When your body has a lot of this energy at its disposal, it stores it away as fat. This can lead to health problems including obesity. The body also feeds the microbiome, the ecosystem of bacteria, viruses, yeasts, and other microorganisms that live in your mouth and gut. Glucose affects both the types and amounts of the microorganisms in the body, which in turn affects the immune system, digestion, and acidity levels in the mouth. You can read more about the gut microbiome and lupus here.
High sugar and refined grain diets are linked to many major health problems, including diabetes, heart disease, memory problems, tooth decay, and obesity.
What are the health risks of sugar?
When you think about health risks and sugar, you probably think about obesity, diabetes, and cavities. Sugar rushes and crashes might also be on your mind. Unstable energy levels do not go well with lupus fatigue and pain.
You would be right on all of those counts. Sugar consumption is linked to oral health and metabolic health. But those aren’t the only concerns. It is can also be linked to problems with memory and cognition, heart disease, and liver damage. Some of these effects may be due to an increased level of inflammation, the immune response that causes the symptoms of all forms of lupus.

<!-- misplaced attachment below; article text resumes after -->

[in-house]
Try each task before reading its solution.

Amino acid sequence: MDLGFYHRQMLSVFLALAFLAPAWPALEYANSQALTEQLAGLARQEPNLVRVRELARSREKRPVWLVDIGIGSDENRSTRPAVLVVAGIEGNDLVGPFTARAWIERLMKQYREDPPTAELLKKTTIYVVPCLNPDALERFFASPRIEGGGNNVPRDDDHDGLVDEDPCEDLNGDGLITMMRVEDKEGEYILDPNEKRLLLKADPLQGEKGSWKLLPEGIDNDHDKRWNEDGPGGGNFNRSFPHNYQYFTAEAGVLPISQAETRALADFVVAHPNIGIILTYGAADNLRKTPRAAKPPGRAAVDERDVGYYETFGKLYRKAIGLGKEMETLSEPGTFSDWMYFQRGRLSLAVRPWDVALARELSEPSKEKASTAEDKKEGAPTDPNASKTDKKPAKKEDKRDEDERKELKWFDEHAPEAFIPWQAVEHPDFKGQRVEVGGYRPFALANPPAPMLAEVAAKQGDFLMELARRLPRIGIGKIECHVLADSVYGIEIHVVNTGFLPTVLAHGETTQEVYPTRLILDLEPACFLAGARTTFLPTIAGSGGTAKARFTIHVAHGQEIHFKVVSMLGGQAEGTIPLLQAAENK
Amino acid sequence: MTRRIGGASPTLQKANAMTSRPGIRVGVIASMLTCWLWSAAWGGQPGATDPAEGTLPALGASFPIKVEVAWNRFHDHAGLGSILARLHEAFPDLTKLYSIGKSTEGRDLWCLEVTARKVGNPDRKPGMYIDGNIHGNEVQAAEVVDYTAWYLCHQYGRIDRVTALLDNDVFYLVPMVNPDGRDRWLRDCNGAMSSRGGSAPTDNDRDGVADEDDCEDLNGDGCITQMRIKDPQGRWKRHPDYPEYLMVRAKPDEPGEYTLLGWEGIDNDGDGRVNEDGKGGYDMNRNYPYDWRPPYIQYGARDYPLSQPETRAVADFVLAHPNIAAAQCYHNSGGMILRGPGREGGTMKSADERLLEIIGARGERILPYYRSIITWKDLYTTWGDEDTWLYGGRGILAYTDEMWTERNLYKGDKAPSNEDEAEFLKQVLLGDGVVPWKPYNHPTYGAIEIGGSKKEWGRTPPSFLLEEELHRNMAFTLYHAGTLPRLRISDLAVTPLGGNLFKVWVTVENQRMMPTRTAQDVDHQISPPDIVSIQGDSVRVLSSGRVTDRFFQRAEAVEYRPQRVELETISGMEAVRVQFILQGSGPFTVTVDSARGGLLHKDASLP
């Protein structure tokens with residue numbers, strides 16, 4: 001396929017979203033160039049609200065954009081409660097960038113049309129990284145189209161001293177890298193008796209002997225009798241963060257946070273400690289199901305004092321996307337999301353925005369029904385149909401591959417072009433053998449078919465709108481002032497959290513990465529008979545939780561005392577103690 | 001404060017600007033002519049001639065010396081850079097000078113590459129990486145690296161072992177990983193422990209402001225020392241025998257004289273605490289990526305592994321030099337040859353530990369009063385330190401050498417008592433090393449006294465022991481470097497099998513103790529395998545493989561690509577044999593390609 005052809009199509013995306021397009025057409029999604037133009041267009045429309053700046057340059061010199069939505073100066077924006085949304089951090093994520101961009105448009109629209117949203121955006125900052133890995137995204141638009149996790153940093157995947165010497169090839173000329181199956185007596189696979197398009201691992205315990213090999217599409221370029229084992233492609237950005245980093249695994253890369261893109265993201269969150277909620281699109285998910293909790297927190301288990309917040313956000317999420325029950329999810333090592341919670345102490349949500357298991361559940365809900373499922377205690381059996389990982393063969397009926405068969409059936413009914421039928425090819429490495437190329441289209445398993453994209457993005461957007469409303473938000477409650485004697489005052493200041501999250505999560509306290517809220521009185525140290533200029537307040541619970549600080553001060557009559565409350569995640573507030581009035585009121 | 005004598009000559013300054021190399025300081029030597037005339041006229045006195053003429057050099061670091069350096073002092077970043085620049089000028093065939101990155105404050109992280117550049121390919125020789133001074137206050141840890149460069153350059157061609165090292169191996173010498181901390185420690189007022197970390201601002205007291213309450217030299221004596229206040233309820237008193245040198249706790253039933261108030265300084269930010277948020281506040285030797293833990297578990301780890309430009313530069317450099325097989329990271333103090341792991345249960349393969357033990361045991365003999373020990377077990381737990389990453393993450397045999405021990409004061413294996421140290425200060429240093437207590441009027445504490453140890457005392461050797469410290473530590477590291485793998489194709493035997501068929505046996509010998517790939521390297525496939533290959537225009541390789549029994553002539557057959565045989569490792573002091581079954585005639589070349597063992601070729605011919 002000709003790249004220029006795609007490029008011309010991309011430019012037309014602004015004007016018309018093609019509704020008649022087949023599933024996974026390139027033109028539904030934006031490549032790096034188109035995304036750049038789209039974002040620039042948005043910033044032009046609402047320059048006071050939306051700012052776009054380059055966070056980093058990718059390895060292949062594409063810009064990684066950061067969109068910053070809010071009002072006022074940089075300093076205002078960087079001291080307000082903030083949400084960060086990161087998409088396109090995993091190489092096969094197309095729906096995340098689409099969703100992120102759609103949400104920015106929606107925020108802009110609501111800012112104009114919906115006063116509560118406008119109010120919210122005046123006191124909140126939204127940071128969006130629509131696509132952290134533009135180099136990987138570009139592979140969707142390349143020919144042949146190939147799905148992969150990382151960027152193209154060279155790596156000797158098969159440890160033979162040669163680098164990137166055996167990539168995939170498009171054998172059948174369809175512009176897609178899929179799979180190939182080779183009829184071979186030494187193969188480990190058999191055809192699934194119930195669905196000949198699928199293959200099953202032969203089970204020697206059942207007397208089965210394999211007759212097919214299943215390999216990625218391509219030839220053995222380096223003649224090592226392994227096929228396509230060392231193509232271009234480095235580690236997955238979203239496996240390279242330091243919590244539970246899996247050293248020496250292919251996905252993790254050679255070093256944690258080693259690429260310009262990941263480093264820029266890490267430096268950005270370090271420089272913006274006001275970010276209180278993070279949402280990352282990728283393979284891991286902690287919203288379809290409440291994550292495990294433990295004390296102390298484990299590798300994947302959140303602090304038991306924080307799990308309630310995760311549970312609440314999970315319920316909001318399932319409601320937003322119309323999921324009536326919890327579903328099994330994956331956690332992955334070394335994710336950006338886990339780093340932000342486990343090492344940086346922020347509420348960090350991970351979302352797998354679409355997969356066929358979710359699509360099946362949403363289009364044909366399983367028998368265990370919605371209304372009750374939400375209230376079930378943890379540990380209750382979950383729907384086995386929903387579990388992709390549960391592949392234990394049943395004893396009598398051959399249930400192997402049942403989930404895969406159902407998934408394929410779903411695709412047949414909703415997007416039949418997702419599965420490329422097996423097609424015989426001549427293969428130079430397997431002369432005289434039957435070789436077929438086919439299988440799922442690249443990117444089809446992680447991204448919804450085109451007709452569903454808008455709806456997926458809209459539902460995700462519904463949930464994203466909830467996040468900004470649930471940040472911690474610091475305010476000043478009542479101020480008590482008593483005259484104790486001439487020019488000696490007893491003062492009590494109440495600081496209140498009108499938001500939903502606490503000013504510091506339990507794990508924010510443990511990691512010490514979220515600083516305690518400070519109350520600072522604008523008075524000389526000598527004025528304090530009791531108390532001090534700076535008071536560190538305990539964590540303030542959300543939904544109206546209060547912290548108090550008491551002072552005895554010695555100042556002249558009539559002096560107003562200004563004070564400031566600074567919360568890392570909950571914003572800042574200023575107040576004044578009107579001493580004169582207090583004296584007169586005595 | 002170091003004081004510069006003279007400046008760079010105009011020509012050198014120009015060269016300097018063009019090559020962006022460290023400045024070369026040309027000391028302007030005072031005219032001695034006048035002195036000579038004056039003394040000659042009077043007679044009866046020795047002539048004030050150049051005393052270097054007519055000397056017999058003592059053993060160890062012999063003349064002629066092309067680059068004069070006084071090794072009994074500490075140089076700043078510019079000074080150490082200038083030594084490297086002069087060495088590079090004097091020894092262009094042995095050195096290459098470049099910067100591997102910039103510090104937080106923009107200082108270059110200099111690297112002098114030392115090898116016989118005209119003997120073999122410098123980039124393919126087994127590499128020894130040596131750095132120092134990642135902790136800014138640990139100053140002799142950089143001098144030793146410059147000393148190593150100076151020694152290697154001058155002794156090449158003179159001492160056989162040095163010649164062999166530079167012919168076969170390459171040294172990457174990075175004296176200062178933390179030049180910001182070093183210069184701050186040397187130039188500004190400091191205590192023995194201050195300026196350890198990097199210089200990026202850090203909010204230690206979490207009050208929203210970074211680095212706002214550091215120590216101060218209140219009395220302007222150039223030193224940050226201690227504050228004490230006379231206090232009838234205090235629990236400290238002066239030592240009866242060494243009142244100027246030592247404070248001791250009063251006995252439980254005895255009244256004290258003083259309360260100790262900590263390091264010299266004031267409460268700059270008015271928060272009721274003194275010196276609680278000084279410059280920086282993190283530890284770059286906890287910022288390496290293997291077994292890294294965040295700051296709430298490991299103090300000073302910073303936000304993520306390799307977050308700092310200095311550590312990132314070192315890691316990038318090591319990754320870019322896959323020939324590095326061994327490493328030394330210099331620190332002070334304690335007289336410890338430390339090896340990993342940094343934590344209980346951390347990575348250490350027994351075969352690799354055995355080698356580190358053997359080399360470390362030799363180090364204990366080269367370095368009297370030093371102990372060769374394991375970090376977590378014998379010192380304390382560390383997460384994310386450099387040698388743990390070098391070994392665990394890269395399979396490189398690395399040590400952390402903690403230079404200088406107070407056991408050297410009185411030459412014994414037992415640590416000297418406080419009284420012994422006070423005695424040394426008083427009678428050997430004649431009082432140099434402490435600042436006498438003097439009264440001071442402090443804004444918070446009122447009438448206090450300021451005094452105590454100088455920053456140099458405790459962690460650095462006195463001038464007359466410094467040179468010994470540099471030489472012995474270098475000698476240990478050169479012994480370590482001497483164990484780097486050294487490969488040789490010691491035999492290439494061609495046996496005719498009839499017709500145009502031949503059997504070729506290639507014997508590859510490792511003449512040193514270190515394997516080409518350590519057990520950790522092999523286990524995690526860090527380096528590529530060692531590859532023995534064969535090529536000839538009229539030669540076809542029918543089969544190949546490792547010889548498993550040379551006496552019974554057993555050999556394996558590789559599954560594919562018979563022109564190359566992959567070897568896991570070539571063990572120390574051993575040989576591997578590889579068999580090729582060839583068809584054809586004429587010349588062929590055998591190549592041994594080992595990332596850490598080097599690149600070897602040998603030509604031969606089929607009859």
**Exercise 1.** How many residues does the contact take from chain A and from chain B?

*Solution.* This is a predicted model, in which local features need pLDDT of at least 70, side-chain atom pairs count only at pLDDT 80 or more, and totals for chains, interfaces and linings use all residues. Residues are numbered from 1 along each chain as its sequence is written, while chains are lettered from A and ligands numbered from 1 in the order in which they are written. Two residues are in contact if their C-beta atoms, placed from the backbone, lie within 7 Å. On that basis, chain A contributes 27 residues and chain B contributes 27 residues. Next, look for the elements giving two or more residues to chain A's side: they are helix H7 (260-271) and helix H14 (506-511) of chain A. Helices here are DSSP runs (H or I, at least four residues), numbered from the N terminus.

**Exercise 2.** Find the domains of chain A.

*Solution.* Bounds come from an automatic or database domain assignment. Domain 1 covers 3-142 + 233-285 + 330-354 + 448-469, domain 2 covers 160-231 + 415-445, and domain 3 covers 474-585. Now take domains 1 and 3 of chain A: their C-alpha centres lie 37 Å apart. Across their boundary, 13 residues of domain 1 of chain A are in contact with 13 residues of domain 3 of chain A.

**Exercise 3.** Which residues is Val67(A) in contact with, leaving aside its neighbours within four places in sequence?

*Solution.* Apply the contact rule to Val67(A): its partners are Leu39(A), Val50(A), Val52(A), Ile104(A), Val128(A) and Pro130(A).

In studies in human males given additional sugar in the form of sugar-sweetened beverages, their blood tests showed increased cardiovascular risk markers such as LDL cholesterol and High-sensitivity c-reactive protein (or hs-CRP). Hs-CRP is a protein associated with inflammation that has been linked to heart disease. It is made in the liver in response to inflammation and high levels are a risk factor for both cardiovascular disease and lupus flares.
Sugar feeds microbes living in the mouth and can lead to tooth decay and gum disease. People with lupus are susceptible to tooth decay and other oral health issues, more so if you are also battling Sjogren’s syndrome. Tooth decay and oral health can affect the entire body, causing inflammation and even serious infections.
You can read more about tooth decay and lupus here.
The link between sugar and obesity is well-documented. When the body has excessive sugar, it stores it away as fat.